“A paddock in the Amazon will never be sustainable. Because the nutrients in the Amazonian soil are minimal. What allows the cyclicity of nutrients in the Amazonian soil is the presence of forest, if that is lost (because the forest is cut down), then the organic layer of the soil is minimal and has aluminum and many toxic elements. What deforestation is going to do is that in the end the challenge of restoring these ecosystems will be very difficult. I really don’t know how the country is going to deal with it. And planting trees randomly is clearly not going to be, even if it is done with the best intentions”, the directive points out.

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For her, current government actions have not even achieved “the objective of stopping deforestation”, as the figures show. Something that is very serious because it shows that in this area of ??the country there is no one who can stop those —well, at least from NGOs like FZS, it is not known who they are— who are pulling down trees, burning the forest and bringing in cows.

“What we have seen in the overflights is that in areas where Artemisa operations have been carried out (military campaign against deforestation), In a few months, if not weeks, the house that was destroyed has new tiles. what does that say? That they have the financial muscle to go back, continue deforesting and paying the people who come in to deforest and put in cows,” emphasized Leal Gómez.

According to the Ministry of the Environment, this area of ??the country is one of the main focuses where the actions of the Artemisa Campaign will be concentrated, with which more than 21,480 hectares of forest that were being degraded have already been recovered. According to Deputy Minister Cruz, the main causes of deforestation that have been identified in these areas correspond to prairie development oriented to land grabbing, both in protected areas of the PNN Chiribiquete, and in areas of the indigenous reserve.

The Ministry of the Environment hopes in the coming days to make announcements related to the implementation of these control activities and achieve the reduction of deforestation in these areas

“All these actions are associated with a process of widening unplanned roads that cross the national park and enter the indigenous reservation area. That is why within the framework of the Artemisa Campaign, specifically in operation number 14, these areas have been prioritized to carry out an effective control of deforestation”, the official highlighted.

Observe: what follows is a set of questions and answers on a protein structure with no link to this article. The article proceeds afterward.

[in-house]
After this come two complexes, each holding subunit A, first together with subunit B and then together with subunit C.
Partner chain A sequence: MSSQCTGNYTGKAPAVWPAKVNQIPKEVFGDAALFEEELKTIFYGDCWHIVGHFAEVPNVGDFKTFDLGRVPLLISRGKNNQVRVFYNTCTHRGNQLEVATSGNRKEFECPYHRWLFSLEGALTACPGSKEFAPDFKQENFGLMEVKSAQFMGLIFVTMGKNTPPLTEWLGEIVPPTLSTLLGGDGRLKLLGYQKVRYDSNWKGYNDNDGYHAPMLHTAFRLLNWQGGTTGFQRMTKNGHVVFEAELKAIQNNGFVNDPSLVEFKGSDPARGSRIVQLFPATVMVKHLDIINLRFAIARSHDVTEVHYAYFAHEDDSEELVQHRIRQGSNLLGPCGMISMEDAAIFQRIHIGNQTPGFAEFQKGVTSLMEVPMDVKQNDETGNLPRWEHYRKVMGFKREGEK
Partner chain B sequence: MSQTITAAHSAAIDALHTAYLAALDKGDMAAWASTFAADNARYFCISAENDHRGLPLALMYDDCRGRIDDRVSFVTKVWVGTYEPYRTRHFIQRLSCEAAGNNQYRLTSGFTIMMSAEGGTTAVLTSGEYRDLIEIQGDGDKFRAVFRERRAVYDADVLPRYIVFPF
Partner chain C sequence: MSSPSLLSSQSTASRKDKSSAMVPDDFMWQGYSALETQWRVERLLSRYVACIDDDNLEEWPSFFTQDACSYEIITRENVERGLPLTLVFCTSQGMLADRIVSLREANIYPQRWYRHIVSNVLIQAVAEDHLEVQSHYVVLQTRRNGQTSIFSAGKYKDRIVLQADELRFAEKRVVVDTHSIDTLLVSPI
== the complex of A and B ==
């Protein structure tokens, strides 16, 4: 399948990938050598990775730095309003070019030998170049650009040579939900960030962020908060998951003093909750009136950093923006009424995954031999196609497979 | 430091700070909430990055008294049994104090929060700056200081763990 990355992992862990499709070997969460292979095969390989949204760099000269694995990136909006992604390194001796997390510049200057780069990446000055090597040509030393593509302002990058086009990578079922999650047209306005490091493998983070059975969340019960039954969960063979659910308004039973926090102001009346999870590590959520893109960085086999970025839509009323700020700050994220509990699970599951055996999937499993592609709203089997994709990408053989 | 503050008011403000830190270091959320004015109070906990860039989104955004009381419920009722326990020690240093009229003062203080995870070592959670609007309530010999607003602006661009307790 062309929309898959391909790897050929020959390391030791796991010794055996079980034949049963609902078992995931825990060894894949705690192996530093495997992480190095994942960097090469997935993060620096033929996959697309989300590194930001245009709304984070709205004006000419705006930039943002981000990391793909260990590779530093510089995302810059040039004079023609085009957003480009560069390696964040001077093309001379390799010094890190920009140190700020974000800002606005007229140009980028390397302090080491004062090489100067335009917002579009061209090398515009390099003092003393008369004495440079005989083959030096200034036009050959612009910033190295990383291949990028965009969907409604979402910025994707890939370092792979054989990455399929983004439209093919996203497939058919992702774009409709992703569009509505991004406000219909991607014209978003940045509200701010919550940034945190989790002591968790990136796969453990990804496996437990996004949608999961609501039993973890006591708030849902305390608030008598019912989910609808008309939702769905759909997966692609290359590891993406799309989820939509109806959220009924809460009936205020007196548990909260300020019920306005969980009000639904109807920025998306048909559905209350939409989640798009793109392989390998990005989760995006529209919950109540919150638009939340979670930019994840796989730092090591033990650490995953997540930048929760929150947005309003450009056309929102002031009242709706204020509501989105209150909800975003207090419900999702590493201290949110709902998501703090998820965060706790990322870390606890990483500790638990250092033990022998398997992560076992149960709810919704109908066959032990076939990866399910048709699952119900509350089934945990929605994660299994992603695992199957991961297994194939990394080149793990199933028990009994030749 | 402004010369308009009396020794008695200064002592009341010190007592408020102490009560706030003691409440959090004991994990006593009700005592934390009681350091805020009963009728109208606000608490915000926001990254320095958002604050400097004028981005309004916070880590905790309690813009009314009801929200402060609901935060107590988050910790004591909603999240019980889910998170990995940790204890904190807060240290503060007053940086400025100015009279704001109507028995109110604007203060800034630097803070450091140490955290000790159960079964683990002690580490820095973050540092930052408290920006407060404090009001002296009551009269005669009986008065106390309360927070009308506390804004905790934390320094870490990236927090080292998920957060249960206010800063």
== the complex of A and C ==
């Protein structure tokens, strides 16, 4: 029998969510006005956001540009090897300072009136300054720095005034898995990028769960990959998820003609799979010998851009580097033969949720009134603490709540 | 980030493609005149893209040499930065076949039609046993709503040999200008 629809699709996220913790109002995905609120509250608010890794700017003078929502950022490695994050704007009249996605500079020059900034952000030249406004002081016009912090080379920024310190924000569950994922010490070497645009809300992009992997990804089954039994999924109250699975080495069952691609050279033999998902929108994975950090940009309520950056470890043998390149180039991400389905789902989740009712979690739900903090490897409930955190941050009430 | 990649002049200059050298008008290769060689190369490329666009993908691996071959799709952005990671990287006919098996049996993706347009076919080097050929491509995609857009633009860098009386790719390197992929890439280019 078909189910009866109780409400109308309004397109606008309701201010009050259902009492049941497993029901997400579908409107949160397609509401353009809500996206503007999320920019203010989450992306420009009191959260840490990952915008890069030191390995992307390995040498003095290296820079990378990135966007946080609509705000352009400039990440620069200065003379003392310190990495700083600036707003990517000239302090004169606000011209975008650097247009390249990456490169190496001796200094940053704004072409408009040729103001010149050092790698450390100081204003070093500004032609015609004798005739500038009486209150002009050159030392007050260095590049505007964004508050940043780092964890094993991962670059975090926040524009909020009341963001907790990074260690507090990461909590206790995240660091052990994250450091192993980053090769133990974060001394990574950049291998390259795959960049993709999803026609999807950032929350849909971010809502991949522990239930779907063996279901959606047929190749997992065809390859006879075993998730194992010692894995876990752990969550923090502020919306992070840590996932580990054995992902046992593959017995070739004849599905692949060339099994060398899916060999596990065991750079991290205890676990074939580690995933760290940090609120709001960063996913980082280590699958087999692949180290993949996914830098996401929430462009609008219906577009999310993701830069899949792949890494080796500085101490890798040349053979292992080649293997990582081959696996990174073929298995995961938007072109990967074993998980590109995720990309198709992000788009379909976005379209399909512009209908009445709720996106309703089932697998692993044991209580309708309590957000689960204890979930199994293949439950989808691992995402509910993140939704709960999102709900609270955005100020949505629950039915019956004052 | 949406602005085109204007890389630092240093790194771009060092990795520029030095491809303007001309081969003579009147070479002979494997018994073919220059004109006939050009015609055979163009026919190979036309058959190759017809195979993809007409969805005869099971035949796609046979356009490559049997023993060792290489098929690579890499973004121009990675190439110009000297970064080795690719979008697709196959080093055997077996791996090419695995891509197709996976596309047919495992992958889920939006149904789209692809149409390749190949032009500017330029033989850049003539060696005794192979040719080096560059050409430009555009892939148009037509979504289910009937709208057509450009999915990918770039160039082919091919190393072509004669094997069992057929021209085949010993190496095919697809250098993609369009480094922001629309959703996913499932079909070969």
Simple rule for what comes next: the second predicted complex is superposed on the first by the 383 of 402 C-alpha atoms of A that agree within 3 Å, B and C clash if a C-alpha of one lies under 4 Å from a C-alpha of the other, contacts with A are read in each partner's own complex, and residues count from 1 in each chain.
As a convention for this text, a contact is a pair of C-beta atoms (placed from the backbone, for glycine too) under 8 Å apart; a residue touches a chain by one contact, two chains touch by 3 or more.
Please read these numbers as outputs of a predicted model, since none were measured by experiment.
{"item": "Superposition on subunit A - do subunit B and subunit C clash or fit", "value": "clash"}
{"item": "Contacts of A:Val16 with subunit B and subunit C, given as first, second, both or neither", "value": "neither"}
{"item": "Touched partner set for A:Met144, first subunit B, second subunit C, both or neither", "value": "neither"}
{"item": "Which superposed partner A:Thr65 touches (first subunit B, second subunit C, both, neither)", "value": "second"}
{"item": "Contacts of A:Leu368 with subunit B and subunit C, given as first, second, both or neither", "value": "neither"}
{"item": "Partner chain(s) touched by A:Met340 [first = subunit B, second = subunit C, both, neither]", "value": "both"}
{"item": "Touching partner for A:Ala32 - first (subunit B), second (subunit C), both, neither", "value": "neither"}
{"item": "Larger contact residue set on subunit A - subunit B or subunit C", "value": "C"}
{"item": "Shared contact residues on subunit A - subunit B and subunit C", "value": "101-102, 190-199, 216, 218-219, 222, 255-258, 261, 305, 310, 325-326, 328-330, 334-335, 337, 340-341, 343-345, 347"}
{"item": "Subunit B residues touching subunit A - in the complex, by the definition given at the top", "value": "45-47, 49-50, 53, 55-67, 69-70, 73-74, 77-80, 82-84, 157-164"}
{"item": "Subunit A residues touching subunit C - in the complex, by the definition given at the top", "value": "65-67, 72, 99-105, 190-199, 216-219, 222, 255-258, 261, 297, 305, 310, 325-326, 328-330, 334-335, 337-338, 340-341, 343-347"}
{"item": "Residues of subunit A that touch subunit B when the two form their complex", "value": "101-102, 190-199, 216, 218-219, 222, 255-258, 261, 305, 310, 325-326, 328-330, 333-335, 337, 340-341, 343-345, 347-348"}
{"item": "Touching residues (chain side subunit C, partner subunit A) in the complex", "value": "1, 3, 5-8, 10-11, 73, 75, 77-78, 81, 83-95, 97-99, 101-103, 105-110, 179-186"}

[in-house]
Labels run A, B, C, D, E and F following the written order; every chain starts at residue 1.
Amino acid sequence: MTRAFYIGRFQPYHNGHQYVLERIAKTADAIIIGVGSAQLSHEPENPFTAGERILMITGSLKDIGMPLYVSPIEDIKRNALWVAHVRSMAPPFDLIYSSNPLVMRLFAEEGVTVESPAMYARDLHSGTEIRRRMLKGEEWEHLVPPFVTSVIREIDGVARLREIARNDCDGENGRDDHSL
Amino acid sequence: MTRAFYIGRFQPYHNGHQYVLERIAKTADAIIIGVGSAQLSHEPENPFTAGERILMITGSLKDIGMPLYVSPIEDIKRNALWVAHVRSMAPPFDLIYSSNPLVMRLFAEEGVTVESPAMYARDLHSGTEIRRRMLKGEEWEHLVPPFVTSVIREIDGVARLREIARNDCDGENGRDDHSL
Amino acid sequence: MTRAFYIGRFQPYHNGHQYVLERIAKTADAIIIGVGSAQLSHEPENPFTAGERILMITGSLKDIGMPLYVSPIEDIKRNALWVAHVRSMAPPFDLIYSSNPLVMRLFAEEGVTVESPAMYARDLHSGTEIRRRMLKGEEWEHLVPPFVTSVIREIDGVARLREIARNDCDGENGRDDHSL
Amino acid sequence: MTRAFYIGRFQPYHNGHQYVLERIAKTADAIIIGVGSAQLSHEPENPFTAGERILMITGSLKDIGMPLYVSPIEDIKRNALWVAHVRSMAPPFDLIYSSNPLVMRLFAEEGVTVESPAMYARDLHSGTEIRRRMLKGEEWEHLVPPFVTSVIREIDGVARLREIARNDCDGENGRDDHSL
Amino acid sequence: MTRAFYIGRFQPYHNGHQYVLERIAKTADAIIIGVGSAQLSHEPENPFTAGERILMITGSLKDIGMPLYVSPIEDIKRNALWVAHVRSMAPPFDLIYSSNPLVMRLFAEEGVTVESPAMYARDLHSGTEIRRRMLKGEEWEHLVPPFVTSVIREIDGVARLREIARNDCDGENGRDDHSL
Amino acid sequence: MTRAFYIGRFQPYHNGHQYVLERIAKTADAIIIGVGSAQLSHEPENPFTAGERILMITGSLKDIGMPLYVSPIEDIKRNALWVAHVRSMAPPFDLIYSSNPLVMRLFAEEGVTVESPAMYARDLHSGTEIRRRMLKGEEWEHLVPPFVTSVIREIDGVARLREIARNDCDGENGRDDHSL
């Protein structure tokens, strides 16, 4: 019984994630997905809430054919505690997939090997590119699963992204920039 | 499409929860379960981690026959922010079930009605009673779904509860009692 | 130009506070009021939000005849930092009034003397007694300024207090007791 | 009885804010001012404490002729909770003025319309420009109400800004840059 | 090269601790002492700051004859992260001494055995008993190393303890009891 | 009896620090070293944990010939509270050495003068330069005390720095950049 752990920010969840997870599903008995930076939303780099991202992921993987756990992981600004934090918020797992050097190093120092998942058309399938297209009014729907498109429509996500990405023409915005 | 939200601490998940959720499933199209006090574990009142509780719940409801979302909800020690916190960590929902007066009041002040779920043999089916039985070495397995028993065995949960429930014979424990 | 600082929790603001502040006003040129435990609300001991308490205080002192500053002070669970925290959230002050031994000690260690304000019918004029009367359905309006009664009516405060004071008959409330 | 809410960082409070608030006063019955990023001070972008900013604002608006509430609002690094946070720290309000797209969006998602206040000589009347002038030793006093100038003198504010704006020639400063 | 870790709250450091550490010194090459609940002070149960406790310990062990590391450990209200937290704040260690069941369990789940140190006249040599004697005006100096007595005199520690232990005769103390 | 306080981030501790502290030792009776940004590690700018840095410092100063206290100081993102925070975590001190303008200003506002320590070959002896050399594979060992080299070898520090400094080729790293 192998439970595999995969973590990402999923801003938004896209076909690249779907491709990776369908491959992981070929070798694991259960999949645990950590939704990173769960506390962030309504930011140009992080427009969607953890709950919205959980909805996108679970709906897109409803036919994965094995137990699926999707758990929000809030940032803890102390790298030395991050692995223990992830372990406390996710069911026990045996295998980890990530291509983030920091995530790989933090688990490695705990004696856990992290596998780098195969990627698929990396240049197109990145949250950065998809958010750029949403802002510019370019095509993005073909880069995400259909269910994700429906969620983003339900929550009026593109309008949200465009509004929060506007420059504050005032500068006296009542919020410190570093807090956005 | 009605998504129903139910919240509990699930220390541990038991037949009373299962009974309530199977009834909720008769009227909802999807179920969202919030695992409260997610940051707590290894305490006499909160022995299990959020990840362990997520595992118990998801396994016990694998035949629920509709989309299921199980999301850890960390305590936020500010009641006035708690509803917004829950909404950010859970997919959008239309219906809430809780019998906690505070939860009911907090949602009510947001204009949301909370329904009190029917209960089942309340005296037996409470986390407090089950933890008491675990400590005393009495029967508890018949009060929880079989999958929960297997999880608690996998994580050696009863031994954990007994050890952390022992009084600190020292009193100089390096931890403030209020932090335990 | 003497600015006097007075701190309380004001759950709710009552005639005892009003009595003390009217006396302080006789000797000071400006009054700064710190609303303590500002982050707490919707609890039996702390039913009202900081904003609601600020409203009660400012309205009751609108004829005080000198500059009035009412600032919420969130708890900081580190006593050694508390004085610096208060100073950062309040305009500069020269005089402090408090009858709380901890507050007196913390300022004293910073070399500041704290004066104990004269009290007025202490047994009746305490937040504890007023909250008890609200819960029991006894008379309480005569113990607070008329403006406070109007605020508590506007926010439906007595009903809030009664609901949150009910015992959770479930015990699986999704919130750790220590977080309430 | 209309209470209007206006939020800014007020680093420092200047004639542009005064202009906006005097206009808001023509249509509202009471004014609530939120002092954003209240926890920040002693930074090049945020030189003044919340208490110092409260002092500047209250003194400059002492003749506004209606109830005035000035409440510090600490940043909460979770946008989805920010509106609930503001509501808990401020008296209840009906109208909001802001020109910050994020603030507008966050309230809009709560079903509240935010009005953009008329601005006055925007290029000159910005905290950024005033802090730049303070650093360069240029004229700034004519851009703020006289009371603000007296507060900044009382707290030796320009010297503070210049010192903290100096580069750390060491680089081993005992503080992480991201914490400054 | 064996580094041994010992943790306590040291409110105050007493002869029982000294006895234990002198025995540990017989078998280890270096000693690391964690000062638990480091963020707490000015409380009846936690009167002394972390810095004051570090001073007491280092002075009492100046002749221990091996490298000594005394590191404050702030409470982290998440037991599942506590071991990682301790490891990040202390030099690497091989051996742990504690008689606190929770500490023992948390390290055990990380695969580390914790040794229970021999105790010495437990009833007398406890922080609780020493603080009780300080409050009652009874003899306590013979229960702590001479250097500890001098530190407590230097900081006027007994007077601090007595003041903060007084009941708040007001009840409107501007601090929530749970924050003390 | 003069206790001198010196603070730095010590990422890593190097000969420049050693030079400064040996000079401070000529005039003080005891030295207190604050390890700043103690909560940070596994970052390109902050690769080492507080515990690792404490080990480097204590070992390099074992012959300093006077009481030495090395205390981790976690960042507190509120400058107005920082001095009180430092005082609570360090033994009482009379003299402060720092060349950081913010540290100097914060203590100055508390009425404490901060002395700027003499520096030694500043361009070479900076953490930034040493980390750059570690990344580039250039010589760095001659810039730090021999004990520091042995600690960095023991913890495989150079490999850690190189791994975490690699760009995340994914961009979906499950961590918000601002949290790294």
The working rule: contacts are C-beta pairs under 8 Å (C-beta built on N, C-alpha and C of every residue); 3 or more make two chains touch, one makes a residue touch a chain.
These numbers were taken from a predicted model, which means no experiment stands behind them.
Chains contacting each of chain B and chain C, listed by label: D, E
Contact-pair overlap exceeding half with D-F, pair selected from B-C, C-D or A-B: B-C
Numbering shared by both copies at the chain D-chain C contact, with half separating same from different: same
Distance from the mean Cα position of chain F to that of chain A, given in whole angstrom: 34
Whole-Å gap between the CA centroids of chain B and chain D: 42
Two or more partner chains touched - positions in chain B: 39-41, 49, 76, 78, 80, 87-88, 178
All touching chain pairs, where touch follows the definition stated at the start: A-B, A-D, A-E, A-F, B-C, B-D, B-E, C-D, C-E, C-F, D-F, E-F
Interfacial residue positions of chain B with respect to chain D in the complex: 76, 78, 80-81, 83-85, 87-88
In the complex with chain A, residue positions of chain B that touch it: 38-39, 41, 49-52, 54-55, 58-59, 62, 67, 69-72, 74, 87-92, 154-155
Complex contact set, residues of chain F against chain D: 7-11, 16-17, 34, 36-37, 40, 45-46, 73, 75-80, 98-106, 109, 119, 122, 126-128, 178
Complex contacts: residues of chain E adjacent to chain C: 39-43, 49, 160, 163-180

What is affected by deforestation

That the forest falls affects not only the Amazon, but also Colombia in general and to the world. Not only does most of the deforestation in the reservation transform and destroy the Amazonian ecosystem from dense forest to grassland, which in turn threatens the ecosystem connectivity of Chiribiquete, but also deforestation affects the water resource, generator of ecosystem services, mainly on the pipes and streams that supply the La Tunia River, which is a main tributary of the Apaporis River.

Within the Yarí-Yaguara II reservation, there are now large open spaces of deforestation, illegal roads, and construction of houses.

Courtesy FZS

”The water that evapotranspires in the Amazon falls as rain here in Bogotá. Just like two weeks ago we were here on a pollution alert because of all the smoke that was coming from the burning. It reaches us Bogotans, but what will the people next door be like?” Leal Gómez points out.

Today, the highways that cross the Amazon put at serious risk not only the indigenous communities and local inhabitants, who try to protect these territories, but also those who in one way or another depend on them, the people of Bogota who drink water that evapotranspires in the Amazon, to the hundreds and thousands of species that are left homeless when the trees fall, and to the rivers that dry up because water no longer reaches through the tributaries affected by deforestation.

“There is no positive scenario. You always see the news and people say we’re still on time… But we really don’t have accurate data, in the Amazon the climate monitoring that we should be doing as a megadiverse country is still minimal. But of course one still travels the territory and sees sites that are still preserved, sees people working, committed communities, institutions, NGOs and says of course there is hope that this trend will be reversed, but many factors of state governance, investment commitment , that we all generate a collective conscience, which is sometimes difficult to achieve”, concludes the expert.